Without Copyrights: Piracy, Publishing, and the Public Domain

( 1 )


The names of James Joyce and Ezra Pound ring out in the annals of literary modernism, but few recognize the name of Samuel Roth. A brash, business-savvy entrepreneur, Roth made a name--and a profit--for himself as the founding editor and owner of magazines that published selections from foreign writings--especially the risqué parts--without permission. When he reprinted segments of James Joyce's epochal novel Ulysses, the author took him to court.

Without Copyrights tells the ...

See more details below
BN.com price
(Save 16%)$35.00 List Price

Pick Up In Store

Reserve and pick up in 60 minutes at your local store

Other sellers (Hardcover)
  • All (13) from $19.25   
  • New (7) from $23.67   
  • Used (6) from $19.25   
Without Copyrights: Piracy, Publishing, and the Public Domain

Available on NOOK devices and apps  
  • NOOK Devices
  • Samsung Galaxy Tab 4 NOOK 7.0
  • Samsung Galaxy Tab 4 NOOK 10.1
  • NOOK HD Tablet
  • NOOK HD+ Tablet
  • NOOK eReaders
  • NOOK Color
  • NOOK Tablet
  • Tablet/Phone
  • NOOK for Windows 8 Tablet
  • NOOK for iOS
  • NOOK for Android
  • NOOK Kids for iPad
  • PC/Mac
  • NOOK for Windows 8
  • NOOK for PC
  • NOOK for Mac
  • NOOK for Web

Want a NOOK? Explore Now

NOOK Book (eBook)
BN.com price
(Save 43%)$23.99 List Price


The names of James Joyce and Ezra Pound ring out in the annals of literary modernism, but few recognize the name of Samuel Roth. A brash, business-savvy entrepreneur, Roth made a name--and a profit--for himself as the founding editor and owner of magazines that published selections from foreign writings--especially the risqué parts--without permission. When he reprinted segments of James Joyce's epochal novel Ulysses, the author took him to court.

Without Copyrights tells the story of how the clashes between authors, publishers, and literary "pirates" influenced both American copyright law and literature itself. From its inception in 1790, American copyright law offered no or less-than-perfect protection for works published abroad--to the fury of Charles Dickens, among others, who sometimes received no money from vast sales in the United States. American publishers avoided ruinous competition with each other through "courtesy of the trade," a code of etiquette that gave informal, exclusive rights to the first house to announce plans to issue an uncopyrighted foreign work. The climate of trade courtesy, lawful piracy, and the burdensome rules of American copyright law profoundly affected transatlantic writers in the twentieth century. Drawing on previously unknown legal archives, Robert Spoo recounts efforts by James Joyce, Ezra Pound, Bennett Cerf--the founder of Random House--and others to crush piracy, reform U.S. copyright law, and define the public domain.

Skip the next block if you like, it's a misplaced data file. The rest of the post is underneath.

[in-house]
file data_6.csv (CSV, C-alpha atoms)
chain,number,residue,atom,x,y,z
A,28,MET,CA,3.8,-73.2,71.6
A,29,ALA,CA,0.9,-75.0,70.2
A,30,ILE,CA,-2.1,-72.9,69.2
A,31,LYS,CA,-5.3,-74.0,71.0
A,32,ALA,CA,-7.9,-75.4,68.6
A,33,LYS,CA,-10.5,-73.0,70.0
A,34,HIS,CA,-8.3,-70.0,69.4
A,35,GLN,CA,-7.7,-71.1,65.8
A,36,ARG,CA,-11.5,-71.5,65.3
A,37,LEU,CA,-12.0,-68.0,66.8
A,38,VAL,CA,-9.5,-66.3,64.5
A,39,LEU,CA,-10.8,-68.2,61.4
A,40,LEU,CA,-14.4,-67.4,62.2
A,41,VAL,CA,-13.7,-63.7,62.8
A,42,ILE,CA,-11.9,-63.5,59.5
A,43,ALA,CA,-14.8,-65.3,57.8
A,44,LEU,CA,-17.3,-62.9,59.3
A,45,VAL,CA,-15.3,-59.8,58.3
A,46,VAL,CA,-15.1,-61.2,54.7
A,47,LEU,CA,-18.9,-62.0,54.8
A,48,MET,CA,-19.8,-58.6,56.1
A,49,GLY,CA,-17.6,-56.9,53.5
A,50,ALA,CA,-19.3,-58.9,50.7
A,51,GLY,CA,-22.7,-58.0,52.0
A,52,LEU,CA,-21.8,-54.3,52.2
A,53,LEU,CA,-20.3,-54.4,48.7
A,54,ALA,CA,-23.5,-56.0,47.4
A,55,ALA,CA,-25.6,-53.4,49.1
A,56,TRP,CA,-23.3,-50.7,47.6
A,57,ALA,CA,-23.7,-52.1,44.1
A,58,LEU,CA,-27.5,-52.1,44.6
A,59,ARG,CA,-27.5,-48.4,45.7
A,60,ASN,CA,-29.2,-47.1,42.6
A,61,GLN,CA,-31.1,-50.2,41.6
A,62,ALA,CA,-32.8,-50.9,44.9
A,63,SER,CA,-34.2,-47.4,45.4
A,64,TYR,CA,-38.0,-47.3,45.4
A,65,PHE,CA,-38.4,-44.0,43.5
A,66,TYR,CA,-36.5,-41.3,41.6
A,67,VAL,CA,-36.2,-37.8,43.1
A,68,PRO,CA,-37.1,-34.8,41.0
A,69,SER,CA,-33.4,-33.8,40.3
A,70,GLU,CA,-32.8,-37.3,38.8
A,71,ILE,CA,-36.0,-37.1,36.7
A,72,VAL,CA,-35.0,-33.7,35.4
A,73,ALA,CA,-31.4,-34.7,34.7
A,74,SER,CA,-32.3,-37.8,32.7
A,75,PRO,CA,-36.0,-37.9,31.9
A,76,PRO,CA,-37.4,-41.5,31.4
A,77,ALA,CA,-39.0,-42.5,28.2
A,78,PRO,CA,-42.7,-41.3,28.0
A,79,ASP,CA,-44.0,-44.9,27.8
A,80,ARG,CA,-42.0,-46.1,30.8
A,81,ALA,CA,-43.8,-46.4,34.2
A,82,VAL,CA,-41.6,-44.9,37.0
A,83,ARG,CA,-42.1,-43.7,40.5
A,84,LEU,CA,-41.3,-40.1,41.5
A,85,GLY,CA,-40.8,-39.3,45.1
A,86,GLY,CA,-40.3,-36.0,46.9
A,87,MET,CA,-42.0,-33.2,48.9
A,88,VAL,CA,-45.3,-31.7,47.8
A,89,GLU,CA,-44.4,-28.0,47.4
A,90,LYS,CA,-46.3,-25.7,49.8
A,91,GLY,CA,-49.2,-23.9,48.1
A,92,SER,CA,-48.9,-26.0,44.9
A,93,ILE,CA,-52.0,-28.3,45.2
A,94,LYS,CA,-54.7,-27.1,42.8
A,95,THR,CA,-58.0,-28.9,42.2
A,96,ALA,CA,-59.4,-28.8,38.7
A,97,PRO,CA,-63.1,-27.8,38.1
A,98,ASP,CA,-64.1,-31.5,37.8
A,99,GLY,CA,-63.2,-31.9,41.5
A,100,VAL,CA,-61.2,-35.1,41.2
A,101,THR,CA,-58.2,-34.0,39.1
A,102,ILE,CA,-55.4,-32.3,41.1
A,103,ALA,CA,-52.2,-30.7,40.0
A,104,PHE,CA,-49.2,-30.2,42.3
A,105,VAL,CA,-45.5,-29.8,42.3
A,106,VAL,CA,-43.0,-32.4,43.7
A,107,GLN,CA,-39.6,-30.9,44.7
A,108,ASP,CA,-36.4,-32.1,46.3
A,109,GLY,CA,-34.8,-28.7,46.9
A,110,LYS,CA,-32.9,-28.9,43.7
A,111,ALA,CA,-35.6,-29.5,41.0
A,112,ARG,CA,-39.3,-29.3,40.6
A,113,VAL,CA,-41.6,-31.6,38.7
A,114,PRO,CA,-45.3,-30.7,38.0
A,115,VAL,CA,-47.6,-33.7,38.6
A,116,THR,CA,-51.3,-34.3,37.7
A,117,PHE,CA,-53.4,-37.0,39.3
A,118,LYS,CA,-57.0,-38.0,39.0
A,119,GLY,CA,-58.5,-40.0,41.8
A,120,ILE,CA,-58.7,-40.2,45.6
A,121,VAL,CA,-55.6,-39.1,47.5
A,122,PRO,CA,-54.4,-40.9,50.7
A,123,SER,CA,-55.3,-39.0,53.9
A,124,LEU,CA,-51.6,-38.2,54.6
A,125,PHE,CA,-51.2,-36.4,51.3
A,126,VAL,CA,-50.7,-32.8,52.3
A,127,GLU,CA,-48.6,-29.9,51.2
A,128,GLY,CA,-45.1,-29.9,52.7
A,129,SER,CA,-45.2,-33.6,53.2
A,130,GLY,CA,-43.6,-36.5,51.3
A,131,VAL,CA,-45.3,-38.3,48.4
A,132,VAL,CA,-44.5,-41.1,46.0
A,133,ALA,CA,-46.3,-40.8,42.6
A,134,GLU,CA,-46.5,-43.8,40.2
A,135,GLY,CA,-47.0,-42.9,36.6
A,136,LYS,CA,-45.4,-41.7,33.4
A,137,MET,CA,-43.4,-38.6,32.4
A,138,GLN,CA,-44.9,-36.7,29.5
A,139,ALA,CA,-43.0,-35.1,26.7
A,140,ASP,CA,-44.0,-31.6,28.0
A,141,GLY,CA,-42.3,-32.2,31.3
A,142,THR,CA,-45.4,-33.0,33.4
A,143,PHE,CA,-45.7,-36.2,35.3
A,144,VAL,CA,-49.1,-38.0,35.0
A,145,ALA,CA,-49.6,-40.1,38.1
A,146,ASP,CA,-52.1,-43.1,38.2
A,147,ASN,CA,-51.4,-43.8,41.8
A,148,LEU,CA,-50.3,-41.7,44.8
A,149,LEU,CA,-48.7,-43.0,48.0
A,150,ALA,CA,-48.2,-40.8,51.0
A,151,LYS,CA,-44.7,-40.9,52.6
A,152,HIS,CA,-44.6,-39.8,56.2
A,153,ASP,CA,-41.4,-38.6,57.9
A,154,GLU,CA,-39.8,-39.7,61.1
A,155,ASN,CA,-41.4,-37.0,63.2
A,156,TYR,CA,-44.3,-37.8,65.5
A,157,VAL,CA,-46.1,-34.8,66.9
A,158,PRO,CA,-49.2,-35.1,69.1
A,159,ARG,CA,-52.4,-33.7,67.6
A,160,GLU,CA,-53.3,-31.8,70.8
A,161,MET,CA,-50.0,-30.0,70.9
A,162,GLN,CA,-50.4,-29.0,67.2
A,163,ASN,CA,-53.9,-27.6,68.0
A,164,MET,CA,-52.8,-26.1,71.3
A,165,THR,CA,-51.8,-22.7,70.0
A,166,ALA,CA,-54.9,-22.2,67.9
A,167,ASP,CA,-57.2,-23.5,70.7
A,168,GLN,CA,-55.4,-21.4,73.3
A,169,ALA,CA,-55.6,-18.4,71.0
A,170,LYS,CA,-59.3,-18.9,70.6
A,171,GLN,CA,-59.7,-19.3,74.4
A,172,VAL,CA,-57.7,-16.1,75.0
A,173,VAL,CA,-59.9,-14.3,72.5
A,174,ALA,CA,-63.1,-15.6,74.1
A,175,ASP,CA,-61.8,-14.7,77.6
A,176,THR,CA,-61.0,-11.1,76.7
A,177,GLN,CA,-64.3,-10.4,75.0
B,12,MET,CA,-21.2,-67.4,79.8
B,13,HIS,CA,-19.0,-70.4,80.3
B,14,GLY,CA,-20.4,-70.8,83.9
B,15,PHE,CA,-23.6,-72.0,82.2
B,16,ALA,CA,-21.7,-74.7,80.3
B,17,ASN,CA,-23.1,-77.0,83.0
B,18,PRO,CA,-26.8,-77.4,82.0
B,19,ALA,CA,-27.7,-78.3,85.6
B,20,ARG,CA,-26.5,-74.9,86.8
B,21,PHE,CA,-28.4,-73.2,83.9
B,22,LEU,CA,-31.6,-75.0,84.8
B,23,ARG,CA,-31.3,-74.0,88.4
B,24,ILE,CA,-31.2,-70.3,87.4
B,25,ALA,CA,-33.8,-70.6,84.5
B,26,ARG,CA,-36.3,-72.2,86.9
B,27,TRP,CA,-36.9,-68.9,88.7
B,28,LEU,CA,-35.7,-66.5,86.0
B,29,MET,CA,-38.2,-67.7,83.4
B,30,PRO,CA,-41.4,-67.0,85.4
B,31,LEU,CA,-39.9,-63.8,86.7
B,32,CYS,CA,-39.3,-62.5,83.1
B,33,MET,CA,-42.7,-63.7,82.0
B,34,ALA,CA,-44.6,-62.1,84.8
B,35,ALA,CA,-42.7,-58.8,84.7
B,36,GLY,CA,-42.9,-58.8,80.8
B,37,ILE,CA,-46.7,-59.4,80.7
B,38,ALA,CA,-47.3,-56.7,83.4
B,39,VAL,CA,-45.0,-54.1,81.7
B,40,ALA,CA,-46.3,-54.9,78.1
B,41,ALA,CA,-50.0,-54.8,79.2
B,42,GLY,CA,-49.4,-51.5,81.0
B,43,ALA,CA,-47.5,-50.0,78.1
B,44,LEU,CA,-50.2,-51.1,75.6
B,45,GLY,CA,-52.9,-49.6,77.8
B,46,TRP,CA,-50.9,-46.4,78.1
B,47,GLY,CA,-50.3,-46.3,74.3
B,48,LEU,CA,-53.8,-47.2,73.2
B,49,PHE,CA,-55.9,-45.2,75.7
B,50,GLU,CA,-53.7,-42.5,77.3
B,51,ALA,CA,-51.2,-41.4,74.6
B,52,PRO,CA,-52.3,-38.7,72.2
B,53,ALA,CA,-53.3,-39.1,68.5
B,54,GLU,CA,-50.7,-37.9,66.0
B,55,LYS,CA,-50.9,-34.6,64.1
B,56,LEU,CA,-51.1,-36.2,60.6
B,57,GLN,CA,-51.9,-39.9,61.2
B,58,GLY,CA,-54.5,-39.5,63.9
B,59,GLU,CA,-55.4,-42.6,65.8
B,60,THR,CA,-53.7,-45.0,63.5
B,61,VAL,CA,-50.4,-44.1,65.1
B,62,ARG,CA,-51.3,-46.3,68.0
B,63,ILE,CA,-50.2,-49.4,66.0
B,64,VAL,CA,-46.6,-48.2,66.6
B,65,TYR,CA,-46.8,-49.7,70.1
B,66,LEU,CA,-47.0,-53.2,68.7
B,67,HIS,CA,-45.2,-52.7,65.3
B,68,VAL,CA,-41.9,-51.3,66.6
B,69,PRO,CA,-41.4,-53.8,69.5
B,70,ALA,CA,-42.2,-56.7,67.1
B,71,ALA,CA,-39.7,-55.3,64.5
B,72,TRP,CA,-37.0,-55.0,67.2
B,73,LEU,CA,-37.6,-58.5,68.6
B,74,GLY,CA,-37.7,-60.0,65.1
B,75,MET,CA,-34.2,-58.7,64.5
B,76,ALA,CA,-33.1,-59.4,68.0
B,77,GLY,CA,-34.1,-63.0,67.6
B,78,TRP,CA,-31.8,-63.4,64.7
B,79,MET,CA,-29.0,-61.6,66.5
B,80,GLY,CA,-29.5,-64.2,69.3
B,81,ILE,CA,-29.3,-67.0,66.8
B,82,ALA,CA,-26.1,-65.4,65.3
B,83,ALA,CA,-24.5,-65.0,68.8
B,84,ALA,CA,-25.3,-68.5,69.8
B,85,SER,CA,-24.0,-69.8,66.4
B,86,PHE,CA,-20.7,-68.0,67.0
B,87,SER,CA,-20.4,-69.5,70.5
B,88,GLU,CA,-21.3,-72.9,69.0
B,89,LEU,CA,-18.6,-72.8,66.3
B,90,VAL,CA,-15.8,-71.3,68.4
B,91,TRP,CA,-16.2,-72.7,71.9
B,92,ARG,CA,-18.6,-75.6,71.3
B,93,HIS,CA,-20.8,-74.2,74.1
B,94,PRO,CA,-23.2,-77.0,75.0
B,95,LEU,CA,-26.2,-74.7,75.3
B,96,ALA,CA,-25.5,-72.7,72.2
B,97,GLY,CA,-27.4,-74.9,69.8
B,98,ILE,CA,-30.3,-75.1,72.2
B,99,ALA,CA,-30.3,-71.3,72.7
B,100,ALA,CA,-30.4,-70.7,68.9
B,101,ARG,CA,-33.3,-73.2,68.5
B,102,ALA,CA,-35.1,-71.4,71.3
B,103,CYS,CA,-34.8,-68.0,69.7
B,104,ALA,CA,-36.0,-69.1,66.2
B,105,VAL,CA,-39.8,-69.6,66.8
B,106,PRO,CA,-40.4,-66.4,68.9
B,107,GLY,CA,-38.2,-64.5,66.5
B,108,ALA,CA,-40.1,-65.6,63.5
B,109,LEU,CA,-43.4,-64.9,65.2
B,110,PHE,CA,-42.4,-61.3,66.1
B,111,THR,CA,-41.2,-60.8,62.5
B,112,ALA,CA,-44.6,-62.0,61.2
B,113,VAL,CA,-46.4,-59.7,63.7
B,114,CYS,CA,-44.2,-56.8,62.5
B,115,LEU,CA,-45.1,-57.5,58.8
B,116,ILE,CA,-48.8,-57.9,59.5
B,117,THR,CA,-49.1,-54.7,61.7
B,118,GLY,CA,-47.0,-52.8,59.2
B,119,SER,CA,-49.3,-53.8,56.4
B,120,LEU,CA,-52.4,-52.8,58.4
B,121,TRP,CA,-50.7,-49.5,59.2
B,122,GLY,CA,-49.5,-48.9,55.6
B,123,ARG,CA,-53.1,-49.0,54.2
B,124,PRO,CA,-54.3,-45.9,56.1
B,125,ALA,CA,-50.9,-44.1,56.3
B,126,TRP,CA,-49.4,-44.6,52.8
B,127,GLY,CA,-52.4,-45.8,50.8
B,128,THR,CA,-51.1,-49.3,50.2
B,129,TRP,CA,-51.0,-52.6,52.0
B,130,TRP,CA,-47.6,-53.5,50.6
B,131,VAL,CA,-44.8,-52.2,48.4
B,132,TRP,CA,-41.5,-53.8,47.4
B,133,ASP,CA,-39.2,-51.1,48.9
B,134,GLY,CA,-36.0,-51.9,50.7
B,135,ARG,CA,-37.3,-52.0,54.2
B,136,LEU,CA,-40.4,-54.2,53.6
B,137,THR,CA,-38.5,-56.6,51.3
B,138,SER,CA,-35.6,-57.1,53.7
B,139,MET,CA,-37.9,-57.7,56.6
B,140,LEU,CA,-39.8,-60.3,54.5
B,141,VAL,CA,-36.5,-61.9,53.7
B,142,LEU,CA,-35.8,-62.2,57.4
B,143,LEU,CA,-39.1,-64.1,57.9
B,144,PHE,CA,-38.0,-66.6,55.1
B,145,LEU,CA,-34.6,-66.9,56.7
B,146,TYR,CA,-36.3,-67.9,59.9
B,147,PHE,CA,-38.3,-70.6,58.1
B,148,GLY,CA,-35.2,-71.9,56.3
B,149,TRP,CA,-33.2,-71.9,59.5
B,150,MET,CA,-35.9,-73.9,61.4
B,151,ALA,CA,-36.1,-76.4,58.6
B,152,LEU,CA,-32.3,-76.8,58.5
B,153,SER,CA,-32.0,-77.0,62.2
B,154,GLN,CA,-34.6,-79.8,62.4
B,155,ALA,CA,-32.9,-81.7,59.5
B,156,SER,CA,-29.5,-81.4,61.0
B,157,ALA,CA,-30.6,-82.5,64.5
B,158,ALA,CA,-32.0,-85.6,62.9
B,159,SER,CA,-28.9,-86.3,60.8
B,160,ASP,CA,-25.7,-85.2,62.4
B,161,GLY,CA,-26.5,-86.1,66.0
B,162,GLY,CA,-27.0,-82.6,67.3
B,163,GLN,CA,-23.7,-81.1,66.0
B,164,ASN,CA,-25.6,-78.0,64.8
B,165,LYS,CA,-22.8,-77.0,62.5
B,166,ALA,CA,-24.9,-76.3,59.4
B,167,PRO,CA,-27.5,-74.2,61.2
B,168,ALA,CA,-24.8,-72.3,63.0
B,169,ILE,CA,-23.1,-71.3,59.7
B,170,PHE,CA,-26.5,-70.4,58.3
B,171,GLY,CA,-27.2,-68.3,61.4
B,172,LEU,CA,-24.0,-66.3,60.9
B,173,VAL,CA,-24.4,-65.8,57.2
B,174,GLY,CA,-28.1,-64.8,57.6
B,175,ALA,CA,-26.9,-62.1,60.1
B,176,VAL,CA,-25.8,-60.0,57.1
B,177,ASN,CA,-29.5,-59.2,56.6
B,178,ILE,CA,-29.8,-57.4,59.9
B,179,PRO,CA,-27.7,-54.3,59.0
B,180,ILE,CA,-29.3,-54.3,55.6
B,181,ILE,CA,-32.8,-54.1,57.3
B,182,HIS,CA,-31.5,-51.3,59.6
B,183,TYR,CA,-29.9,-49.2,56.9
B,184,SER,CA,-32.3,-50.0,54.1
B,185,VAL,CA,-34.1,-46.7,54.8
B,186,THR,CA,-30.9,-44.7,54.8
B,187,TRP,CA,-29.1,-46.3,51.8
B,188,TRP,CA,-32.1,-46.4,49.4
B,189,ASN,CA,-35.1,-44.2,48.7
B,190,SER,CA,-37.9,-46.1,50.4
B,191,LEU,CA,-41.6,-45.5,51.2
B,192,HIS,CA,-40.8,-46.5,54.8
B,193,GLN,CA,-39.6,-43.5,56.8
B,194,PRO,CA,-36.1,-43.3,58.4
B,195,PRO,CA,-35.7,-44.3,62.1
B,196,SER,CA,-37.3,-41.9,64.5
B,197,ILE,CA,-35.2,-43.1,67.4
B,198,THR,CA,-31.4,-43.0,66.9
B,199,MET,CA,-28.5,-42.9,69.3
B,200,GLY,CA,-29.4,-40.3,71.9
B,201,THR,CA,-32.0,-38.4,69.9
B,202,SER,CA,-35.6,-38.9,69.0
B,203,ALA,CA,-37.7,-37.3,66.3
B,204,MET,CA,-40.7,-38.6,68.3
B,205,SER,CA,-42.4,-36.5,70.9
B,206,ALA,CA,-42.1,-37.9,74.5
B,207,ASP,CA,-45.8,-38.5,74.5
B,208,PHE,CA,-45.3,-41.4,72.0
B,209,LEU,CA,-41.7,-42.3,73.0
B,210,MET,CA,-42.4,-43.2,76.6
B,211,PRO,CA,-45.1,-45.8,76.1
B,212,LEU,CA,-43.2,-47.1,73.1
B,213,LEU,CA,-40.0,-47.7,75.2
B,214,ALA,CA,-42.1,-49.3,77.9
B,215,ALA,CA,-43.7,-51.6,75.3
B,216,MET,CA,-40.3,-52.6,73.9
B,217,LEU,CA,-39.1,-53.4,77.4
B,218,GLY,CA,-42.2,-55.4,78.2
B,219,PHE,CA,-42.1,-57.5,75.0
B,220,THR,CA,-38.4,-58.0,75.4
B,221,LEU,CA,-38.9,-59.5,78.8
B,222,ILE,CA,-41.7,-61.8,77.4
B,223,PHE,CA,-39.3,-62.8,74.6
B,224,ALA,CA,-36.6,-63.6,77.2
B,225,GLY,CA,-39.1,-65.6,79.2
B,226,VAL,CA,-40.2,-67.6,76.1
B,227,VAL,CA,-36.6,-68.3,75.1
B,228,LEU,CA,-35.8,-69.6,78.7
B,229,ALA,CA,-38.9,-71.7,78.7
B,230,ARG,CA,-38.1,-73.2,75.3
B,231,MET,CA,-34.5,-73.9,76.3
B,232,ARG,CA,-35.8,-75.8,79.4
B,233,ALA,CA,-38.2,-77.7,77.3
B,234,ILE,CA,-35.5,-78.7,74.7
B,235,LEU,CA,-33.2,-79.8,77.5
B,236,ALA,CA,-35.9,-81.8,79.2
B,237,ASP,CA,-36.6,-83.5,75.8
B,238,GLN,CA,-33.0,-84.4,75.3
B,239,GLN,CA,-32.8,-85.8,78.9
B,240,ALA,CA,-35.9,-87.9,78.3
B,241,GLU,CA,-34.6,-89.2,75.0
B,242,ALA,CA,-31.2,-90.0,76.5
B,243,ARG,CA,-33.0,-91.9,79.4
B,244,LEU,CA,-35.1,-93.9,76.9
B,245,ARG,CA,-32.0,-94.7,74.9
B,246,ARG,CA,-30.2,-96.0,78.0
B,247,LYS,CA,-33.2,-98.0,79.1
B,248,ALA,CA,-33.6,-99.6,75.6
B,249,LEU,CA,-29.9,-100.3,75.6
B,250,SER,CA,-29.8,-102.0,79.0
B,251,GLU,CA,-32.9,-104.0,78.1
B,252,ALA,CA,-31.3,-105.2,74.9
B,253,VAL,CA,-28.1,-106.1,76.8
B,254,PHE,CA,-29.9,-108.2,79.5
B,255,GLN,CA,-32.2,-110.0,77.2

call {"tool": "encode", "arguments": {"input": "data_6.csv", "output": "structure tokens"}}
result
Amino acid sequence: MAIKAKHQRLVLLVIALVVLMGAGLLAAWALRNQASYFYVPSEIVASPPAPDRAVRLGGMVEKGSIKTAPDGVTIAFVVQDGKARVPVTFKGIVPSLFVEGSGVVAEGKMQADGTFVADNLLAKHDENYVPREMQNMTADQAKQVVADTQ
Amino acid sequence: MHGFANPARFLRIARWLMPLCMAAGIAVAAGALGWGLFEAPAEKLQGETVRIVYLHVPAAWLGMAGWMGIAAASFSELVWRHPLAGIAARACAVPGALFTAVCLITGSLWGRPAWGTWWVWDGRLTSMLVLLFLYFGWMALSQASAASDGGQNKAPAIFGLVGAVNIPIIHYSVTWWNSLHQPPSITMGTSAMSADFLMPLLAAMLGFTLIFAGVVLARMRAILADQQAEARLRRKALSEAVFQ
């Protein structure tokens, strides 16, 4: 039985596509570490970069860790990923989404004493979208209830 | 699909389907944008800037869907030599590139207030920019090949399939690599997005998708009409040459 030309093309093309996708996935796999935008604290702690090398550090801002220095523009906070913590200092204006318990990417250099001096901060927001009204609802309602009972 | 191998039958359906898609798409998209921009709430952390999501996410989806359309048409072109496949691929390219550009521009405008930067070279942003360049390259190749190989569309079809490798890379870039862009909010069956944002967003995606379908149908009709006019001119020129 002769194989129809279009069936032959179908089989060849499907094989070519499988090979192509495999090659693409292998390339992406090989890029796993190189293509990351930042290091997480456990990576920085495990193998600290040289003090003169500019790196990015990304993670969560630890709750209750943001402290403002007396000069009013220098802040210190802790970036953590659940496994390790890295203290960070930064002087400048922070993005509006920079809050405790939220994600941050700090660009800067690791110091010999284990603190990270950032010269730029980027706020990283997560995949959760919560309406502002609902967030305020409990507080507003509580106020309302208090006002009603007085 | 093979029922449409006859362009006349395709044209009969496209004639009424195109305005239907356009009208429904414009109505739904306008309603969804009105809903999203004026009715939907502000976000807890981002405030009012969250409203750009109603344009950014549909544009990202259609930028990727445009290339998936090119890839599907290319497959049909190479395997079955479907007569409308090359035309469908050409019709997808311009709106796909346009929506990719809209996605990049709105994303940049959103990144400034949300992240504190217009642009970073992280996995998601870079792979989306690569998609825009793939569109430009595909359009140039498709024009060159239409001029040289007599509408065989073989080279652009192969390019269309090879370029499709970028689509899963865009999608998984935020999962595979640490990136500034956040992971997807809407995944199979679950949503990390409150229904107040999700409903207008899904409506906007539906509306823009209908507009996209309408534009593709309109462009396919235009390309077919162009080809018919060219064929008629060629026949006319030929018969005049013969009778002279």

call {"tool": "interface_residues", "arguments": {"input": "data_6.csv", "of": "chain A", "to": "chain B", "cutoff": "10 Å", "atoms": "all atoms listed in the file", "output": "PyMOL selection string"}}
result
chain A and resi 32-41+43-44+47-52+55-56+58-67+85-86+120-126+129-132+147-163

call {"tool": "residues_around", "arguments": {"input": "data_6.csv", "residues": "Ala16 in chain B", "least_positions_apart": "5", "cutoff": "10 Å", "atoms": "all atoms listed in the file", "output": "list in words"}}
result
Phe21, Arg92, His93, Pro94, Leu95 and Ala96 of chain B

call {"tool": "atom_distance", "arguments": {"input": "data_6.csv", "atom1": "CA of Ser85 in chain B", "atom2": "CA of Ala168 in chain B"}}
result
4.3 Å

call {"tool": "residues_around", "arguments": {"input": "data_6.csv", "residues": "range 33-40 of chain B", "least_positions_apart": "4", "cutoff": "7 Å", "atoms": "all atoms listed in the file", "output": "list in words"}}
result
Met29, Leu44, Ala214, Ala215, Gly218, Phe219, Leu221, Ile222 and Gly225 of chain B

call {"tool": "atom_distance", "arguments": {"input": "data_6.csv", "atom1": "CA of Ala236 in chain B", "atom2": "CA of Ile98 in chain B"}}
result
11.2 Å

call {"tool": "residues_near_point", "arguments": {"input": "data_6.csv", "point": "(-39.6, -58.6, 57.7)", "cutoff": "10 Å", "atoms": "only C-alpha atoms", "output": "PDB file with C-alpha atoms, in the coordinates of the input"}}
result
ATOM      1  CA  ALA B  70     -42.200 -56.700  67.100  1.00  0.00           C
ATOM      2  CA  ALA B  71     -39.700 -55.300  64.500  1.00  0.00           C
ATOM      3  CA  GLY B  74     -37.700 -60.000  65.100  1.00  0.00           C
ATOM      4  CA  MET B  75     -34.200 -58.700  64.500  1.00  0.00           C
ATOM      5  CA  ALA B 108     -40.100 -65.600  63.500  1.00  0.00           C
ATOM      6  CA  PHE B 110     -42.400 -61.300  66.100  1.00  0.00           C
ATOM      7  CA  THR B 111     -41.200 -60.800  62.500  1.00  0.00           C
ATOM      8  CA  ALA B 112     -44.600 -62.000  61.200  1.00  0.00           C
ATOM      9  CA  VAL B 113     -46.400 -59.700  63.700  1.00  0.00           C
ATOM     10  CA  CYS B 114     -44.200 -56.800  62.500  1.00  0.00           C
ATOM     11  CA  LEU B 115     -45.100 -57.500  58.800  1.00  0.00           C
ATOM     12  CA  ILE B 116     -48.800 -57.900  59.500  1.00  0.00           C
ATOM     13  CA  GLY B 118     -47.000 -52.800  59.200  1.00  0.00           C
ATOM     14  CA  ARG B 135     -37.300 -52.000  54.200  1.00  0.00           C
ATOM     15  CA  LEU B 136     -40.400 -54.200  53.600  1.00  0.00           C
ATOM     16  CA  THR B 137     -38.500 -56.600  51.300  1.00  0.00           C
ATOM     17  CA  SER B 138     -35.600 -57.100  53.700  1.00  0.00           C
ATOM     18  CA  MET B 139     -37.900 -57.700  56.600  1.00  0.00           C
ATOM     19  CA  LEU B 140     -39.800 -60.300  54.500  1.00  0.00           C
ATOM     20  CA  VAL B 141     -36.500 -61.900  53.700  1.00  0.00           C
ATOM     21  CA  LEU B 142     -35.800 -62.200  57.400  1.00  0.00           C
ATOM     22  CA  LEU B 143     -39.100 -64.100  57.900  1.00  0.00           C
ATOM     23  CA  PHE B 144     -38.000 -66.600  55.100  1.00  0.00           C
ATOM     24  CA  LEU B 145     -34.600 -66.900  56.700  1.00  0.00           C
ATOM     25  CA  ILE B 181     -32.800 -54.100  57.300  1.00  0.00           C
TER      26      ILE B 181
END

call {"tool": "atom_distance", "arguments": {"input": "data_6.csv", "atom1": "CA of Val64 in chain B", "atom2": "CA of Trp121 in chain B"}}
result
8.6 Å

Featuring a colorful cast of characters made up of frustrated authors, anxious publishers, and willful pirates, Spoo provides an engaging history of the American public domain, a commons shaped by custom as much as by law, and of piracy's complex role in the culture of creativity.

Read More Show Less

Editorial Reviews

From the Publisher

"[D]oes a masterful job of exploring the intersection between European and American publishing, economics, and copyright law in the late 19th and early 20th centuries. . . . Spoo's book is a must for anyone interested in the history of copyright law or the publishing industry. His clear writing style makes the book accessible to every audience. Summing Up: Highly recommended." -- J. D. Graveline, CHOICE

"A riveting account of U.S. copyright law's 'Wild West' origins. Highly recommended." --Library Journal (starred review)

"No work better puts copyright in its place. This beautiful book is essential reading for the remaking copyright will need." -- Lawrence Lessig, author of Republic, Lost: How Money Corrupts Congress--and a Plan to Stop It

"The many pitfalls and paradoxes of copyright are the subject of Robert Spoo's Without Copyrights, a wonderfully detailed study of how transatlantic modernism was shaped by laws surrounding the production and distribution of texts. What emerges is a revolutionary account of the ways that copyright and obscenity laws determined if, when and where modernist works could travel." -- London Times Literary Supplement

"[A] remarkable tale... Careful and definitive." -- Caleb Crain, The Nation

"Fascinating." -- Publishers Weekly